From these core concepts we developed a list of four or five recurring themes for each concept (memes if you will) that can be found repeated throughout all of biochemistry. These illustrate, broaden, and define the concept in a somewhat more detailed fashion but are still lacking in terms of a specific example. Finally, we developed a list of more detailed statements that related to the themes and concepts. These statements are more detailed but still general enough to allow significant leeway for future groups or individual faculty members to develop more specific learning objectives and assessment tools.
Let's look at the specifics, beginning with evolution. Will we all agree that the ASBMB committee has correctly identified the fundamental concepts?

Mattos, C., Johnson, M., White, H., Sears, D., Bailey, C. and Bell, E. (2013) Introduction: Promoting concept driven teaching strategies in biochemistry and molecular biology. Biochem. Mol. Biol. Educ. 41:287–288. [doi: 10.1002/bmb.20726]

Tansey, J.T., Baird, T., Cox, M.M., Fox, K.M., Knight, J., Sears, D. and Bell, E. (2013) Foundational concepts and underlying theories for majors in “biochemistry and molecular biology”. Biochem. Mol. Biol. Educ., 41:289–296. [doi: 10.1002/bmb.20727]


  1. I'm surprised that you're puzzled about "homeostasis" - it is certainly a key concept throughout all of biology. I'm sure you use one of its near-synonyms in your book ("regulation" perhaps?).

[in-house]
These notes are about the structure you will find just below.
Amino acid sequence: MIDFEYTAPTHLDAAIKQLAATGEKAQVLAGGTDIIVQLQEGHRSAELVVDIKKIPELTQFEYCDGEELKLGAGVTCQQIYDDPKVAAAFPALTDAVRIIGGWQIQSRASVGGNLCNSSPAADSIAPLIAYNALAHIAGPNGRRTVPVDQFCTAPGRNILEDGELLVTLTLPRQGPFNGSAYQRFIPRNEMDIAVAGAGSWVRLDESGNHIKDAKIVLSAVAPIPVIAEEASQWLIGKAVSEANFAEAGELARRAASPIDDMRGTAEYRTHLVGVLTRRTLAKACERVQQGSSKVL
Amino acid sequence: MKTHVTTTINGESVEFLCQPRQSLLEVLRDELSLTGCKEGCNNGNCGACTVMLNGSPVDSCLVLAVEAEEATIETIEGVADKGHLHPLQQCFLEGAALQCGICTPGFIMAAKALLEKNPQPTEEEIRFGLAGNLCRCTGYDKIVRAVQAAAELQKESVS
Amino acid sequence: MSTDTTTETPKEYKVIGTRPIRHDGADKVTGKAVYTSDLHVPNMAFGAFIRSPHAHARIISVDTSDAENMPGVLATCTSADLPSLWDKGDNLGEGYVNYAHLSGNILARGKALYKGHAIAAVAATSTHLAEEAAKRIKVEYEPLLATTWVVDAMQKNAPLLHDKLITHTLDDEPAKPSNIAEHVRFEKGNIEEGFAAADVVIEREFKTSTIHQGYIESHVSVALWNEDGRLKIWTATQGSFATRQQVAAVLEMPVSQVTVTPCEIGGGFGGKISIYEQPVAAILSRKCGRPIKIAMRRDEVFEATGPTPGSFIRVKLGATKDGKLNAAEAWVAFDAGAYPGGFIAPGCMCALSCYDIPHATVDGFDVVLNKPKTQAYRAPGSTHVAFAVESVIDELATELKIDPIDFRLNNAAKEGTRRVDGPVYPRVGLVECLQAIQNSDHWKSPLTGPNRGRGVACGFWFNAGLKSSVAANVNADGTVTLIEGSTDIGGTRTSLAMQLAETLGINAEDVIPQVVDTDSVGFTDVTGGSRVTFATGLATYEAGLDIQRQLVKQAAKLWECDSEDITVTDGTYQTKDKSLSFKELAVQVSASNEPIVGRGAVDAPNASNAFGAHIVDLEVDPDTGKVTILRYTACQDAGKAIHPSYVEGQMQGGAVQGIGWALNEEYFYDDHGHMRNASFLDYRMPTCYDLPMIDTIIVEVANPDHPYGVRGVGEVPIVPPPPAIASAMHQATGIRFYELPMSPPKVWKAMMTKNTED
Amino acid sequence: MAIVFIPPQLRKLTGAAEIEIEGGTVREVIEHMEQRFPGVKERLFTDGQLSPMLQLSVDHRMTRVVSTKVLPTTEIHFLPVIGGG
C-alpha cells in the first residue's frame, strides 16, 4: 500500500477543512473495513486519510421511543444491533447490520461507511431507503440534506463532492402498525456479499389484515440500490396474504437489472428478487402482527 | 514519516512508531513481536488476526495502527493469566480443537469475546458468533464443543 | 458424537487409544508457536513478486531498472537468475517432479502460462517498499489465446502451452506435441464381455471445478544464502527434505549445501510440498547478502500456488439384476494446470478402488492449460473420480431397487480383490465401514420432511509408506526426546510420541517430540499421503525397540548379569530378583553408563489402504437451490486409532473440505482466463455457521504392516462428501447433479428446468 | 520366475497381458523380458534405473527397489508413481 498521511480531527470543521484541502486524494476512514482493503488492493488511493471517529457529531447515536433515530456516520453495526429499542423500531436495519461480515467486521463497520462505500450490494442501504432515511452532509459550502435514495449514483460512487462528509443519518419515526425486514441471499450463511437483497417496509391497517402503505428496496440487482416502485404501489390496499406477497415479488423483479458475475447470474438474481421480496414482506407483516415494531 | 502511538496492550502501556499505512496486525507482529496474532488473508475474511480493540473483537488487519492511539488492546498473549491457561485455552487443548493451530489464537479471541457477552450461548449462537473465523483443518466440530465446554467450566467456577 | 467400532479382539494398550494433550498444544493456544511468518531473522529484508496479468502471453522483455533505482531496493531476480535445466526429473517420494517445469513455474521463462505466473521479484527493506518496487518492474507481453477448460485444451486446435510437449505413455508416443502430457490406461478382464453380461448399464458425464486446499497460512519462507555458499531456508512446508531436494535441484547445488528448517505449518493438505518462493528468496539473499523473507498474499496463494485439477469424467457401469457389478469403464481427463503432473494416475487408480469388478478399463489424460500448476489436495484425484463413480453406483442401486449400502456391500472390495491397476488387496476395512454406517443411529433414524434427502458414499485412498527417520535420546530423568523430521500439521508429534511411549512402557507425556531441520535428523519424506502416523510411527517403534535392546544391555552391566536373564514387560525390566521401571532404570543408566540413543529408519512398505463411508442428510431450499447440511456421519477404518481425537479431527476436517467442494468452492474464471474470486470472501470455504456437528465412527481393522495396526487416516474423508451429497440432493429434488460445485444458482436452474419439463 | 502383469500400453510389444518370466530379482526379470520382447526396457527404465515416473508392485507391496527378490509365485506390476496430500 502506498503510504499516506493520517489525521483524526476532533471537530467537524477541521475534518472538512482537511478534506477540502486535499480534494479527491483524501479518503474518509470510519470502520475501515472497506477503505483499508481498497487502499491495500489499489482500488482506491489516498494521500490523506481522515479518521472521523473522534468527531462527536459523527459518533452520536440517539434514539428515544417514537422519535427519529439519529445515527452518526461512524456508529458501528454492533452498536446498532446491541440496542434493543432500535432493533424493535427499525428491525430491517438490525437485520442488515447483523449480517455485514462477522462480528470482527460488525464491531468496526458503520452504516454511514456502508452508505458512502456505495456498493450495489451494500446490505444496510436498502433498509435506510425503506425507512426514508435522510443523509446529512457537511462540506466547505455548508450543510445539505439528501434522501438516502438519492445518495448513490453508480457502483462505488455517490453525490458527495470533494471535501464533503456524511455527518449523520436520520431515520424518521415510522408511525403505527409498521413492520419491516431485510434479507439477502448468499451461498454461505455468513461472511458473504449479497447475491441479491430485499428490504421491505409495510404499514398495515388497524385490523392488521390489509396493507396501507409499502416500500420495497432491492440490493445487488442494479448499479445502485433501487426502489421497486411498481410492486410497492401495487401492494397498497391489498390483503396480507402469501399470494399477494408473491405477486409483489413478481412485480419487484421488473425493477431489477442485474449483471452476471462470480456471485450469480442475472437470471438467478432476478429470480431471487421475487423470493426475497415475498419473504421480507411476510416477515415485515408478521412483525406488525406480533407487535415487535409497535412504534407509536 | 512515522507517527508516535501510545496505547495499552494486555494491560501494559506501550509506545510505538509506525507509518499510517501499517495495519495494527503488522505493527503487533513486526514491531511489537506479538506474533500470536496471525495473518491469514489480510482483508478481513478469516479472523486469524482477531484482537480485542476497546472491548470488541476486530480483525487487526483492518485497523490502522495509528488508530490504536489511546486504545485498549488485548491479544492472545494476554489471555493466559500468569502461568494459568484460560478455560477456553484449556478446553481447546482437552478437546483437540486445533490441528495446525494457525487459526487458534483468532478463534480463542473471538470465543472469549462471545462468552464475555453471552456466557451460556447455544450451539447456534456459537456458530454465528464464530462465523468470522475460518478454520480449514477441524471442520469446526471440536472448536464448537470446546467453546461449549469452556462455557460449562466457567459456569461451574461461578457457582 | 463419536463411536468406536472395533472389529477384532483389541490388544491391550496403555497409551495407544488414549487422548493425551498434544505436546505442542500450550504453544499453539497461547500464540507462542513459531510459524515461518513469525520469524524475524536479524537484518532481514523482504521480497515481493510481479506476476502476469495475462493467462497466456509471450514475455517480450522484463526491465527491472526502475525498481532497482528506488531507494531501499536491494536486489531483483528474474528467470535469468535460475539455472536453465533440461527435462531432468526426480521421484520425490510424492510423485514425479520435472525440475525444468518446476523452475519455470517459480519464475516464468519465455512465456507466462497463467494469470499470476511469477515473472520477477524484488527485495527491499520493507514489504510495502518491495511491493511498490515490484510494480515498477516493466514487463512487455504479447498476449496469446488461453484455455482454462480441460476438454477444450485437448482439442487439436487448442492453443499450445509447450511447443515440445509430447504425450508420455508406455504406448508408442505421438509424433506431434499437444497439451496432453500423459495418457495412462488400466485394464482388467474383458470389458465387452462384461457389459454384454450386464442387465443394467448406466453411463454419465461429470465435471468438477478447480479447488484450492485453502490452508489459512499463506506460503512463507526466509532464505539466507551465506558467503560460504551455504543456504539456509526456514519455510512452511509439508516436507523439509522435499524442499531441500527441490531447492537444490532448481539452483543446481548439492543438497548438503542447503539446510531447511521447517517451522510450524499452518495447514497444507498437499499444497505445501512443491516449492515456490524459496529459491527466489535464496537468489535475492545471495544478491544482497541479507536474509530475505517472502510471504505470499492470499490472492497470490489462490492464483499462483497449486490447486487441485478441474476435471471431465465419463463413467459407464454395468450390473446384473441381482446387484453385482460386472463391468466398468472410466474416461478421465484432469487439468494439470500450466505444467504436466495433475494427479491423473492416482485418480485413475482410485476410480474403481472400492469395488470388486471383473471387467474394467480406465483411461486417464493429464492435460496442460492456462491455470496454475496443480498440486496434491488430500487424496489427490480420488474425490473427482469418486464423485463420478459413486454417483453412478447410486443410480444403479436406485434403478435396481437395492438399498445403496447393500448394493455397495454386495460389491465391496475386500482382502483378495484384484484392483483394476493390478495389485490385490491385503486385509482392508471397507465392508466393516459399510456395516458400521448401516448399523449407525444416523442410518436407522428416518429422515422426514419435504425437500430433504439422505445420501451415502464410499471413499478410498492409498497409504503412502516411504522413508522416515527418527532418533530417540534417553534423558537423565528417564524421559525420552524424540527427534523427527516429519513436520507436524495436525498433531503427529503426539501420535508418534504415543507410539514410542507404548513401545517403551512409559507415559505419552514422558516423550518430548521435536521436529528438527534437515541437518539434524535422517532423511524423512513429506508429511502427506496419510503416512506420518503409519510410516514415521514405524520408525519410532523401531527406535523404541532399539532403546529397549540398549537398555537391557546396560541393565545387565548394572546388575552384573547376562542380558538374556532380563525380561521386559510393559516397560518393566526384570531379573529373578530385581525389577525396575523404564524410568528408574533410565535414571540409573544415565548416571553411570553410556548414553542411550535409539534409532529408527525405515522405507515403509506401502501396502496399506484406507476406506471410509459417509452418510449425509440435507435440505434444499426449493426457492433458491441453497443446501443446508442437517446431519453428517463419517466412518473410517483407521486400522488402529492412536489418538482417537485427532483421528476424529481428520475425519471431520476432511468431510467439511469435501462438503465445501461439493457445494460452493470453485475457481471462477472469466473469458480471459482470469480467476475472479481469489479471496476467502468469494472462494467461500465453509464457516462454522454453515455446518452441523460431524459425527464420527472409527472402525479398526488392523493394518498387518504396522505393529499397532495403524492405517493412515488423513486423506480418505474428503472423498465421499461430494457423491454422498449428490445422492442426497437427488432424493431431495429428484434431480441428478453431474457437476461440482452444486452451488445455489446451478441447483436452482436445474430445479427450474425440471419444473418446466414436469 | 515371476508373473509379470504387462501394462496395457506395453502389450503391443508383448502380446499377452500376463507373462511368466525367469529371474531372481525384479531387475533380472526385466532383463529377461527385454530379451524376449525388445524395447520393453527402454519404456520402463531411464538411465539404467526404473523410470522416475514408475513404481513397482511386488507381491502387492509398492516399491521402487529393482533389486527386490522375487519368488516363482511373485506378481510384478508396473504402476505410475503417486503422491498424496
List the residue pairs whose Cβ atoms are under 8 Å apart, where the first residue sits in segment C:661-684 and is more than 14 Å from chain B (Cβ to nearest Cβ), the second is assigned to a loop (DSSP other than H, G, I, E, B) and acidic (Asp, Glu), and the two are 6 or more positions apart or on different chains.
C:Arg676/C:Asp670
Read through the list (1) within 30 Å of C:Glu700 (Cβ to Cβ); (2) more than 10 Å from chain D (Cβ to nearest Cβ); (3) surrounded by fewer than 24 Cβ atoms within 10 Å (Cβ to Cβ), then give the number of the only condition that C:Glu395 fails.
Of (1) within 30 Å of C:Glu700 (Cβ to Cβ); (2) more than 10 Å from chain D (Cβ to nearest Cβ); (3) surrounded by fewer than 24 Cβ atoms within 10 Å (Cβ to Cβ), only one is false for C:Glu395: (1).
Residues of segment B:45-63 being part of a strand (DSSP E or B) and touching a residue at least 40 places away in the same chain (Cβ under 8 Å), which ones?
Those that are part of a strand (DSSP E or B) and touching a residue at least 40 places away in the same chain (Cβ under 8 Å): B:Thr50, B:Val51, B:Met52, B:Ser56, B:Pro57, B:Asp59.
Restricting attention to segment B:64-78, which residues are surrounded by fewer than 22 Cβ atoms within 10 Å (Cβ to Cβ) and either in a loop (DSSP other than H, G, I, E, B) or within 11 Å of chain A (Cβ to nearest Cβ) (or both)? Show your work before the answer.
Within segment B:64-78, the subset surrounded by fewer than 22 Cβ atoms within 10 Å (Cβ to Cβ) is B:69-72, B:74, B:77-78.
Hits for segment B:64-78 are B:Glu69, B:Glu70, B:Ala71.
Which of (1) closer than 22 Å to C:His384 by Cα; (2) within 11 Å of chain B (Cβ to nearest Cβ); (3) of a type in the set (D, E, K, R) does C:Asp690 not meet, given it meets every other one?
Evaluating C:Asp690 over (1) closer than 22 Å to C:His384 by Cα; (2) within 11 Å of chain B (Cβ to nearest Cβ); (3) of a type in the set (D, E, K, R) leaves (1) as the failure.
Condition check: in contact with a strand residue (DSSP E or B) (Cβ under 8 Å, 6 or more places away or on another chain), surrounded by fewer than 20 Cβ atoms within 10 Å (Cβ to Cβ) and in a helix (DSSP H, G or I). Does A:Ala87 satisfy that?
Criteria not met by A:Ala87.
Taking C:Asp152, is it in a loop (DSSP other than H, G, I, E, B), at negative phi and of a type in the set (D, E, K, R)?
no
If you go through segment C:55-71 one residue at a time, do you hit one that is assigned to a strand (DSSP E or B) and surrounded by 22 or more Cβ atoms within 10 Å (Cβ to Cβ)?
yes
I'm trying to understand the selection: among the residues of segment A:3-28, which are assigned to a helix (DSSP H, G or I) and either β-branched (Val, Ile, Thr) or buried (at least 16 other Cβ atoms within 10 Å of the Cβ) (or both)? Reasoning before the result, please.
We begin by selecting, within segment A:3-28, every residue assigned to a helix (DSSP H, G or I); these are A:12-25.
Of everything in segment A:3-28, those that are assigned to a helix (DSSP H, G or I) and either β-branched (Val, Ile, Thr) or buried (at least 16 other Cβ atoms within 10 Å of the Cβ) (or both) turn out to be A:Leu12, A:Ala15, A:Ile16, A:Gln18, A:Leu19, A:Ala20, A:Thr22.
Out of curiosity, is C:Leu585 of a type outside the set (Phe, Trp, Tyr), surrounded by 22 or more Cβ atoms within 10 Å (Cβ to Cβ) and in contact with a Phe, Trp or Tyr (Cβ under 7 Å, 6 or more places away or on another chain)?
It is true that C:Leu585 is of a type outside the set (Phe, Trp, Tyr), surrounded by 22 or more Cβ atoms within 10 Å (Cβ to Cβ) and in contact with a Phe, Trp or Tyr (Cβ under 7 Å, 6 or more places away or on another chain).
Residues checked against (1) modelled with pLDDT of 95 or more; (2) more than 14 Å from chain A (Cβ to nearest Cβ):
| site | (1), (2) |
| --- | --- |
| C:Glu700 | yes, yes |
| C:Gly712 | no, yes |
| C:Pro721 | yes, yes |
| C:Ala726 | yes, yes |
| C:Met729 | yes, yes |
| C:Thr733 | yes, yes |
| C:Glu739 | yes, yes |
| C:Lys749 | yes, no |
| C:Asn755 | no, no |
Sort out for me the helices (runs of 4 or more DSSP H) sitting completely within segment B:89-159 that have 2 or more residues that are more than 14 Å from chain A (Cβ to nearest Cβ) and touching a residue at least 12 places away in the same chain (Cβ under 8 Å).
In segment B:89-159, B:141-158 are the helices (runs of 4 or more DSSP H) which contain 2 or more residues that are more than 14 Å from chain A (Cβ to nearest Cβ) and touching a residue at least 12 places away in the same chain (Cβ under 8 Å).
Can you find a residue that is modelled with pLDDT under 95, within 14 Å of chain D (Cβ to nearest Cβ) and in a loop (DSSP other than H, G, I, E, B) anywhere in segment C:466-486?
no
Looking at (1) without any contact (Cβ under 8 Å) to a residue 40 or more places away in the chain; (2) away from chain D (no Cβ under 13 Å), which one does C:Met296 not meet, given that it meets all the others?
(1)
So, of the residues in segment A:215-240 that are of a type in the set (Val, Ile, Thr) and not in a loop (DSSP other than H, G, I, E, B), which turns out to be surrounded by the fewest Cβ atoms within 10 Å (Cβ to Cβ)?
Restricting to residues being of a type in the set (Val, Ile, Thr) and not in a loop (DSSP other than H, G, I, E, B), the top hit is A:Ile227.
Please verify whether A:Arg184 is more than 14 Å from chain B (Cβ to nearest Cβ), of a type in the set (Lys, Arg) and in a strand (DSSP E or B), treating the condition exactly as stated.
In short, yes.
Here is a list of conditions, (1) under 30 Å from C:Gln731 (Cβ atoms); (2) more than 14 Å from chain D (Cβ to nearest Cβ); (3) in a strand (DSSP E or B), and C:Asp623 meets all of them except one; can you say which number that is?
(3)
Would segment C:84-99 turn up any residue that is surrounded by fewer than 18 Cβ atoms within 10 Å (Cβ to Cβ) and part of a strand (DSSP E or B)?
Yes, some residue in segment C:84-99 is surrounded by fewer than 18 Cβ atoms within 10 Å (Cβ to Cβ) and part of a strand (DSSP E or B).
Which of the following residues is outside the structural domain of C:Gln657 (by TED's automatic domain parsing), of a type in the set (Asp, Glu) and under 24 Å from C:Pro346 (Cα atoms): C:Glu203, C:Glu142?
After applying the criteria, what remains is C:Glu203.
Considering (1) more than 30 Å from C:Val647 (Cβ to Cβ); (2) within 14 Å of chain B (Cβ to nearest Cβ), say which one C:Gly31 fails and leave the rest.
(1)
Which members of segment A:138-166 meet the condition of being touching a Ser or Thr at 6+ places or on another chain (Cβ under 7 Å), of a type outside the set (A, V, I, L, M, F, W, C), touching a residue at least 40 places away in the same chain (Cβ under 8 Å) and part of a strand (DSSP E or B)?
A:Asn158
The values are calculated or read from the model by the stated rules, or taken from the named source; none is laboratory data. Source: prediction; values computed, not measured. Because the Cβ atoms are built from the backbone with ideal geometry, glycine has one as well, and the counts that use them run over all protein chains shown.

What I see as missing is the concept of stochastic variation in dynamic processes (e.g. genetic drift). This is arguably included under "evolution", "matter and energy transformation" and "homeostasis" (all of which refer to dynamic processes which have stochastic components), but we don't know whether the stochastic components will be emphasized or even acknowledged.

    1. I've never thought of "homeostasis" as a key concept of biology. I do think regulation is important but that's not the same thing.

      Here's how the ASBMB teams refers to homeostasis. Do you agree?

      Biological homeostasis is largely maintained by systems of irreversible nonequilibrium steady-state reactions, although rapid equilibrium reactions (such as occur with cell buffers, including pH buffers and oxygen buffers like Hb and Mb) contribute to homeostasis. While all biochemical reactions are “reversible” (some more so than others on a temporal scale) and tend toward equilibrium, the overall chemical system in a cell is maintained in a state with nonequilibrium steady state concentrations of reactants and products.

      I believe that most biochemical reactions are near equilibrium reactions with steady state concentrations that are close to the equilibrium concentrations. Some reactions are controlled by regulated enzymes so they don't reach equilibrium.

      Individual cells of a bacterial species can survive under drastically different conditions depending on the environment. These conditions results in widely different concentrations of metabolites and different enzymes whose genes have been activated or repressed. Referring to this as "homeostasis" seems to miss the point.

    2. It's not my field of expertise, so I have no particular preference for which word is used or which aspects of the idea are emphasized - certainly those things matter, but I'll leave it to biochemists to debate. My point is just that _something_ related to regulation should be on the list, so removing it would be a mistake.